Editore"s Note
Tilting at Windmills

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October 5, 2009

THE BEHIND-THE-SCENES LOBBYING FOR A PUBLIC OPTION.... We learned over the weekend that, at this point in the process, President Obama "strongly" supports a public option and has launched "an intensifying behind-the-scenes campaign" in the hopes of getting the provision included in the reform bill. (The LA Times ran a big story on this today, and it's getting lots of attention, but it's the same piece the Chicago Tribune ran yesterday.)

According to the report, "senior administration officials are holding private meetings almost daily at the Capitol with senior Democratic staff to discuss ways to include a version of the public plan in the health care bill." This has included some direct calls between the president and wavering lawmakers, in which he "continues to talk up the public option" to skeptical members.

Greg Sargent reports this afternoon that Senate Majority Leader Harry Reid (D-Nev.) is also "working behind the scenes to sell moderates on a public option" and the Senate leader "believes that some form of it will survive in the final combined Senate bill."

"As we begin the important work of merging the health reform proposals, Senator Reid will be talking to every member of our Caucus about how to put together the best possible bill that can garner 60 votes," Reid's office said in a statement emailed my way.

"There are a number of issues that are being discussed and debated internally -- the public option included," the statement continued. "Reid continues to believe that at the end of the day, some form of a public option that creates competition and lowers costs for consumers will be included in any Senate proposal."

All things being equal, this sounds pretty good. At this point, I was more or less expecting Democratic leaders to start lowering expectations, and preparing the party base for a letdown on the public option. Instead, most of the rhetoric seems to be pointing in the other direction, and the reported efforts of the leadership and the White House is no doubt contributing to the Democratic centrists who now seem less willing to break ranks.

But it's still wise to temper one's enthusiasm. For one thing, the distance between here and the finish line is still pretty long. For another, as we recently learned, "some form of a public option" can mean different things. Reid conceded last week that "public option" is a "relative term."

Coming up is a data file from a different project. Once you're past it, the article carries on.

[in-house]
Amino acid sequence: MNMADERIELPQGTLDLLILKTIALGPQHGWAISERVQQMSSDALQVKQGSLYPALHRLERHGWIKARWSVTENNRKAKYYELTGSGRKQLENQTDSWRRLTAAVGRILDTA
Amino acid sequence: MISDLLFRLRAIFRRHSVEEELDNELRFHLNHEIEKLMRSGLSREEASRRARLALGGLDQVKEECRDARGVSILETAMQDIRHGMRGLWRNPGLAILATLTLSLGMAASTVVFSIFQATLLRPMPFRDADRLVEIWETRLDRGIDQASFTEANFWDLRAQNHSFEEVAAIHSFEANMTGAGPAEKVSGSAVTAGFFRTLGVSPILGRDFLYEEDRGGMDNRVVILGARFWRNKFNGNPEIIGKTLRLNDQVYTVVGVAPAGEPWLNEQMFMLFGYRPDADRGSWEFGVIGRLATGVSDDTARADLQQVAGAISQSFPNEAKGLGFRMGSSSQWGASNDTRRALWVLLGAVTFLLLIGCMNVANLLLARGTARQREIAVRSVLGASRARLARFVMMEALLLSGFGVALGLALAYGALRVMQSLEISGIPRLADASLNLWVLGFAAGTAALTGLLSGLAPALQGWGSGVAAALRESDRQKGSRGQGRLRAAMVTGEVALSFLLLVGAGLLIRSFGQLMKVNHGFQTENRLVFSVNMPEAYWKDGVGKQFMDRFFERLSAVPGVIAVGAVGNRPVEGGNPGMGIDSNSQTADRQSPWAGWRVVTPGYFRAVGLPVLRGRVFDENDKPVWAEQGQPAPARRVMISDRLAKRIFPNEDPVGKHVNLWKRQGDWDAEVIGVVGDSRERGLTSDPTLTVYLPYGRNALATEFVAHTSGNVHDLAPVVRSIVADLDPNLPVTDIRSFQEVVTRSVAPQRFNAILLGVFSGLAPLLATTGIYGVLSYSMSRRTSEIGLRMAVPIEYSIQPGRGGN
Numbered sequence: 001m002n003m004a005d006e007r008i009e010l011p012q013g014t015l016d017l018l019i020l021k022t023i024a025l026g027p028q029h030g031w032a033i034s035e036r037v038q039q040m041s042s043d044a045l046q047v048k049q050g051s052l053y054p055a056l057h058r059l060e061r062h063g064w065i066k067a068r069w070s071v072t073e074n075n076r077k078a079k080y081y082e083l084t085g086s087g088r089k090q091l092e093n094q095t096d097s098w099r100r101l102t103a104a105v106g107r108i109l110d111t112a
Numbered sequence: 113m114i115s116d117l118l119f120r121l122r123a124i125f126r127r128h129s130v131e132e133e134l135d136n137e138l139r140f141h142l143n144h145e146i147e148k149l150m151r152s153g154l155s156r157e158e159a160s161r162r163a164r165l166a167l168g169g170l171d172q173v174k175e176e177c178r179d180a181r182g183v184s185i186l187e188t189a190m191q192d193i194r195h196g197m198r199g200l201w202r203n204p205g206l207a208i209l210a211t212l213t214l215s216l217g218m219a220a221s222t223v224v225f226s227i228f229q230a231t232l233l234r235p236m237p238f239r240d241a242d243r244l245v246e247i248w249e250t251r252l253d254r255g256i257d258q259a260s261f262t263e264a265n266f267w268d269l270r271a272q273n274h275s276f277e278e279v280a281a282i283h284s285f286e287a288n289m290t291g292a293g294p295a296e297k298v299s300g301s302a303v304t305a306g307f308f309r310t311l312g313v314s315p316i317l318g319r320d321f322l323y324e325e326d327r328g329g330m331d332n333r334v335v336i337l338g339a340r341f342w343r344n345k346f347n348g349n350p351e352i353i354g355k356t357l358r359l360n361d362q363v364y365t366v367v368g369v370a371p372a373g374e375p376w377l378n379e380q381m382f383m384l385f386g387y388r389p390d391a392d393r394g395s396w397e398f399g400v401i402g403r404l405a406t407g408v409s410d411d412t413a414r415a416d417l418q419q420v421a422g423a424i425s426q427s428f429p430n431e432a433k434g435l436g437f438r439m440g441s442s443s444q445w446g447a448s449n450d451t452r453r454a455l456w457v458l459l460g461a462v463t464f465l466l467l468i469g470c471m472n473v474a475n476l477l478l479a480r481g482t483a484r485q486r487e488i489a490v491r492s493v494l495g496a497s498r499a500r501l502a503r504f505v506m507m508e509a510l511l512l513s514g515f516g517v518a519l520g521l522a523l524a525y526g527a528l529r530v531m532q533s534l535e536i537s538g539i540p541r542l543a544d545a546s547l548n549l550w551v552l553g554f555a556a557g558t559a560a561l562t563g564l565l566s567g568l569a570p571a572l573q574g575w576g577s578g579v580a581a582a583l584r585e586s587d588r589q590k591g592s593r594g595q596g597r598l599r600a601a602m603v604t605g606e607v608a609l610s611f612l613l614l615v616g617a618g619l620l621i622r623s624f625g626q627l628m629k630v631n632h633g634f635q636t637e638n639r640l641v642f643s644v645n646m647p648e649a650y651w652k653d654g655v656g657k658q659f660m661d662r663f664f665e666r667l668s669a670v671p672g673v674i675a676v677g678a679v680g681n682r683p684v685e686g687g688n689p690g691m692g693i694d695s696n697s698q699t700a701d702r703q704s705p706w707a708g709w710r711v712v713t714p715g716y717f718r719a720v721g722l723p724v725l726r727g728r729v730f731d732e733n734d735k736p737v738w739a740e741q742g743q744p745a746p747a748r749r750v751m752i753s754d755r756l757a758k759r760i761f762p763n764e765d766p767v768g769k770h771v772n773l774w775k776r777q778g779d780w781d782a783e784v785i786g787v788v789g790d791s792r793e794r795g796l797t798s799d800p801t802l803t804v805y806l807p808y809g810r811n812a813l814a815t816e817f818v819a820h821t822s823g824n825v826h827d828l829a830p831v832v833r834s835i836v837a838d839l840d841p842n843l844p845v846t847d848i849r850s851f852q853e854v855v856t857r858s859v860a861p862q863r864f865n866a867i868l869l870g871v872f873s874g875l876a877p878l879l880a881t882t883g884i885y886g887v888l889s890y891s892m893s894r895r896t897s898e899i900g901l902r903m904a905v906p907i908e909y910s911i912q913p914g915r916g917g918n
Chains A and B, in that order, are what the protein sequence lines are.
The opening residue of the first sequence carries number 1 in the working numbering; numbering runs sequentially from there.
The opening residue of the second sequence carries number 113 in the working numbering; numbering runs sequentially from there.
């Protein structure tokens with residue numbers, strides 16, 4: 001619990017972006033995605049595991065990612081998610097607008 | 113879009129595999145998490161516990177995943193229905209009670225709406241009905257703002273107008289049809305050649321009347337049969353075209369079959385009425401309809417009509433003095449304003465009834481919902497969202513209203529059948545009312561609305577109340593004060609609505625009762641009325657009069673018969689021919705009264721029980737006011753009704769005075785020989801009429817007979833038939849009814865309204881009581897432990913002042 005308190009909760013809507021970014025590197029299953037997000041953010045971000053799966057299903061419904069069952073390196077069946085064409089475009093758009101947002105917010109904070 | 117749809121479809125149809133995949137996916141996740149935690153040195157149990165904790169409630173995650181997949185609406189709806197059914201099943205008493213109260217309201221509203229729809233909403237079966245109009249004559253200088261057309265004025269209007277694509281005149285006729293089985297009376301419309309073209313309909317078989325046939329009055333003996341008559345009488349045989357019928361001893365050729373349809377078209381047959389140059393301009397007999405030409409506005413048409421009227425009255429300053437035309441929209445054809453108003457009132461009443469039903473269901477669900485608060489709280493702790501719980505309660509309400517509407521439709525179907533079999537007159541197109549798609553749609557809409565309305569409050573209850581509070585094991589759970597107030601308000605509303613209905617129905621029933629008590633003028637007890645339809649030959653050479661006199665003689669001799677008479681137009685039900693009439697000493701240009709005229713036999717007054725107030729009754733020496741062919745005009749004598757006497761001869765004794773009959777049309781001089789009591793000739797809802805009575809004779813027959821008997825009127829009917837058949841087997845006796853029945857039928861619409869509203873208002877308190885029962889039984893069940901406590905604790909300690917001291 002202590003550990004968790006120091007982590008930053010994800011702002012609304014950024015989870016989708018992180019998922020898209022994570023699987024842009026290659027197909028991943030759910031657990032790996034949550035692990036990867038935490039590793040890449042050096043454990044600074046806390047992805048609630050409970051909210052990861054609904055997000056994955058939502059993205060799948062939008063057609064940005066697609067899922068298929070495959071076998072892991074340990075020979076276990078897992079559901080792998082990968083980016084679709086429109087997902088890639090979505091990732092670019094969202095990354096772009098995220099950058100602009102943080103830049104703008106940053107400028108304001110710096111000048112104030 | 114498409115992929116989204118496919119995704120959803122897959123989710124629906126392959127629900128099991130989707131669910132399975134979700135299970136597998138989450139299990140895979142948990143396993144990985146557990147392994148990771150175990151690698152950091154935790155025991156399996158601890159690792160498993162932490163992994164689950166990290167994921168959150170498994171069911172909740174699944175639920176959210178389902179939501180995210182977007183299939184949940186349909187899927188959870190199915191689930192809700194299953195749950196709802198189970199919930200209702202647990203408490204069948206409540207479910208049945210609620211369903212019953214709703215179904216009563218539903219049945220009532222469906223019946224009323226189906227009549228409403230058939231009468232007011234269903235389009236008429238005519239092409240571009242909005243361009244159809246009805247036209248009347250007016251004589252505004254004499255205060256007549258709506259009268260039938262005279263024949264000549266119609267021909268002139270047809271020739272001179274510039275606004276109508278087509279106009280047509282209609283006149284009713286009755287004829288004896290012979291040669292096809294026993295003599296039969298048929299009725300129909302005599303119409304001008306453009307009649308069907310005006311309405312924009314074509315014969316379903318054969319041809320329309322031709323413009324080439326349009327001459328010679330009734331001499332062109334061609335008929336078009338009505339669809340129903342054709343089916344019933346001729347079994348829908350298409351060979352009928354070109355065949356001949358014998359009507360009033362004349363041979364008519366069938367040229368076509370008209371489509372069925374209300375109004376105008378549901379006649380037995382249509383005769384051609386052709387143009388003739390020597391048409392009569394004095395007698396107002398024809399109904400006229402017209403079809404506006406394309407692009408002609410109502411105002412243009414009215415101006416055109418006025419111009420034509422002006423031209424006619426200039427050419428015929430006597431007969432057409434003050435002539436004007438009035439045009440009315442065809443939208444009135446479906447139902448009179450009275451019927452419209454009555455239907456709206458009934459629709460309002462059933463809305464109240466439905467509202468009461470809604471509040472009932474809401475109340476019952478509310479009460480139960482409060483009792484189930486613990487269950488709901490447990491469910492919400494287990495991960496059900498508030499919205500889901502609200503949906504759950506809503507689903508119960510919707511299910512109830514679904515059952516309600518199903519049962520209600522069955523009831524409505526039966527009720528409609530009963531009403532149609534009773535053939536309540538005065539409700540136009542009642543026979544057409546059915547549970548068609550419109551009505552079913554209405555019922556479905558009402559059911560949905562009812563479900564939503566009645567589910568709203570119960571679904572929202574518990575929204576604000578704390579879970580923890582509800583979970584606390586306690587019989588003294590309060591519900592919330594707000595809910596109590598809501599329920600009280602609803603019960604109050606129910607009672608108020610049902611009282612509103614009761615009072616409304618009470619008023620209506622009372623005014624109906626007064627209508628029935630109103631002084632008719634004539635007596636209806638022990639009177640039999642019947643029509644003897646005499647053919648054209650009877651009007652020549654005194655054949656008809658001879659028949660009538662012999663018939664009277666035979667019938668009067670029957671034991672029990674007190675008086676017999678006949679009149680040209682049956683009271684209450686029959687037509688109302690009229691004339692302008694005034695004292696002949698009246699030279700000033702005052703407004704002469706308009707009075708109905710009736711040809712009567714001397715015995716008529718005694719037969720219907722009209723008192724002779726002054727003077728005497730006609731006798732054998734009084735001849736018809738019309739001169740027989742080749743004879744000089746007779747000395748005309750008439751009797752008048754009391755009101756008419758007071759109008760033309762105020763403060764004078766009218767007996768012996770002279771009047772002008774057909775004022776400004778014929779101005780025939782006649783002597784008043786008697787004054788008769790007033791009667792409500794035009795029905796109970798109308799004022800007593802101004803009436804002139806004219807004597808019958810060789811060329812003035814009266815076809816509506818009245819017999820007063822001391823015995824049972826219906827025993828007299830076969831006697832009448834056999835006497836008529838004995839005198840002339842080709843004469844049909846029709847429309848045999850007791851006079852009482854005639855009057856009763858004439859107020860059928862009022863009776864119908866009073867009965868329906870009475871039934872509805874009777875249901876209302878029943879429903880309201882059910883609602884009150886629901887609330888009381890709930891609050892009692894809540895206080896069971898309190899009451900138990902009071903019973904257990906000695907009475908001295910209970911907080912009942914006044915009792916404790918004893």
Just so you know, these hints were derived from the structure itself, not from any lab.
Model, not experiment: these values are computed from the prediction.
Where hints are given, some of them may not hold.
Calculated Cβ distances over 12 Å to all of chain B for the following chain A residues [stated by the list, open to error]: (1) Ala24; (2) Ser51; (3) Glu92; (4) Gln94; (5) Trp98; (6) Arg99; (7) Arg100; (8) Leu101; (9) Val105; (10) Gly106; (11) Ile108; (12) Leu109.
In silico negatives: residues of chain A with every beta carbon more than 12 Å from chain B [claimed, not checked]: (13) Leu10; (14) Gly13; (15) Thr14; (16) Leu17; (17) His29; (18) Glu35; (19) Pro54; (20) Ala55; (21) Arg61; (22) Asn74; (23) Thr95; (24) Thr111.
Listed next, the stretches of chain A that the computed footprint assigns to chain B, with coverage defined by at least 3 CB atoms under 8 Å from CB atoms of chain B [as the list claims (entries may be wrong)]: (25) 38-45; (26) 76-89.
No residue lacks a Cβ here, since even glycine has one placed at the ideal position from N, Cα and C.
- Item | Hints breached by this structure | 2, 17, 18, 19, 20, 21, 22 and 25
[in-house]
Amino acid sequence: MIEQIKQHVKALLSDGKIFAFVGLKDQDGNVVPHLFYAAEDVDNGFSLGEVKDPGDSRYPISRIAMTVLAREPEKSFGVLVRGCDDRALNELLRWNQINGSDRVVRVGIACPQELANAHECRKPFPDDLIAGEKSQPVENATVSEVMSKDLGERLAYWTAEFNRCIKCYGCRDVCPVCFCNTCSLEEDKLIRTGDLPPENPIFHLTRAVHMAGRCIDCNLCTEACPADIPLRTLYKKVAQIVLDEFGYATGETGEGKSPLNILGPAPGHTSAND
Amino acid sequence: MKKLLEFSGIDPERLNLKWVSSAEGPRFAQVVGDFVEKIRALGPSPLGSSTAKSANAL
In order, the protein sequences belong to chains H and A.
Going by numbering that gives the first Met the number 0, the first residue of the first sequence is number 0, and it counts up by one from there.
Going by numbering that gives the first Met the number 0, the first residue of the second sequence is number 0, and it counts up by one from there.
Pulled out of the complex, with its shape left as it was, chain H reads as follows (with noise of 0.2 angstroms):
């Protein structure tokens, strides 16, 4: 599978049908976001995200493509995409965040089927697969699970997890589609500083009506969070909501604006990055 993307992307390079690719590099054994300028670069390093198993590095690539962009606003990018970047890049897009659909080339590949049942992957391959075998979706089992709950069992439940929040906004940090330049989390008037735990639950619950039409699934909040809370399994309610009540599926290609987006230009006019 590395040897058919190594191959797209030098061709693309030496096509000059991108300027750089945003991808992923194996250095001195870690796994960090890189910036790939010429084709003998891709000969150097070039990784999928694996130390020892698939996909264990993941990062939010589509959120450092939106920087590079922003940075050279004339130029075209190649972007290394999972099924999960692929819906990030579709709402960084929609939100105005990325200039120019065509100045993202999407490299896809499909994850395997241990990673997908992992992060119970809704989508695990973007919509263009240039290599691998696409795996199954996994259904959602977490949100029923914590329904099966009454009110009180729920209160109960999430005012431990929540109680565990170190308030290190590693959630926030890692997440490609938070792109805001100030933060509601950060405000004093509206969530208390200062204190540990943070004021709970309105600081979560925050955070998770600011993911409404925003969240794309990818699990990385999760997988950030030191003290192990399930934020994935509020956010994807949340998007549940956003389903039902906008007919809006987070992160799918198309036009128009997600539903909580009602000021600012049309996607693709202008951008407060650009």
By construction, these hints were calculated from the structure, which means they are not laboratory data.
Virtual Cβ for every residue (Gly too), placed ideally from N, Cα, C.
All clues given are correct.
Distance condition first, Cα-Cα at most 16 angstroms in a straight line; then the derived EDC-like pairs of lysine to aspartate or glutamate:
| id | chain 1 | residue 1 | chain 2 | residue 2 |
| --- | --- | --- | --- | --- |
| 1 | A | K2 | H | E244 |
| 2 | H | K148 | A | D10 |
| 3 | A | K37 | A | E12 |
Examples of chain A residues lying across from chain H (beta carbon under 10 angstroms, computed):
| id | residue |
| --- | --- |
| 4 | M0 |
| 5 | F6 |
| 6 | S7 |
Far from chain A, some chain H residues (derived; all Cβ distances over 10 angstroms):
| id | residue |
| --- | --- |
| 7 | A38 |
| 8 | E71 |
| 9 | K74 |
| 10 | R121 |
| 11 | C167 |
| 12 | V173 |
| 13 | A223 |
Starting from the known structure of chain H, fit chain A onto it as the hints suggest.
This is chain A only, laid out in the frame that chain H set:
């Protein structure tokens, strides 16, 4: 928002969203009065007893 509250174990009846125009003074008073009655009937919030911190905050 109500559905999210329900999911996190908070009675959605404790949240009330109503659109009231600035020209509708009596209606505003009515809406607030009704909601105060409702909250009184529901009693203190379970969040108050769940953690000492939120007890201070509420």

Taken together, put me down for "cautious optimism."

Steve Benen 4:40 PM Permalink | Trackbacks | Comments (25)

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"...the distance between here and the finish line is still pretty long."

After refusing, without warning, to allow a vote on the Wyden amendment last week, TPM is now reporting that Baucus has delayed the vote in the Finance Committee by another week (the vote was scheduled for tomorrow).

These actions after Baucus delayed the his committee's proceedings until after August and voting against the public option because, he asserted, it didn't have enough votes to win (Baucus evidently never votes for bills that are, in his judgment, unlikely to pass).

Bottom line, this guy is still stalling while doing his part to water down the final result, and nobody is doing a damn thing about it. Truly impressive.

Posted by: Chris on October 5, 2009 at 4:48 PM | PERMALINK

All things being equal, this sounds pretty good. At this point, I was more or less expecting Democratic leaders to start lowering expectations, and preparing the party base for a letdown on the public option. Instead, most of the rhetoric seems to be pointing in the other direction, and the reported efforts of the leadership and the White House is no doubt contributing to the Democratic centrists who now seem less willing to break ranks.

The "revelation" of the secret behind-closed-doors efforts by the WH seems more timed to bolster Dem contributors after the bad third quarter donation results.

Posted by: Disputo on October 5, 2009 at 4:55 PM | PERMALINK

it aint a train wreck we're watchin' like hillary's attempt (and the double cross by gm and others)

but it is an excruciating slo-mo in hell, and nobody knows whether it'll all be horse shit or we'll end up with a pony in there somewhere when it's all over.

sometimes i think they just want to make the gov pay for eliminating "pre-existing..." and let the 45,000 a year just keep on dying...

Posted by: neill on October 5, 2009 at 5:02 PM | PERMALINK

I love how even as the ball has moved forward, you can go on the blogs and find Progbaggers saying, "Oh, whatever we get will suck."

I'd love to meet them on their birthdays. "This cake is terrible." Or on vacations: "Yeah, it was 72, sunny and dry, and it was terrible. Typical."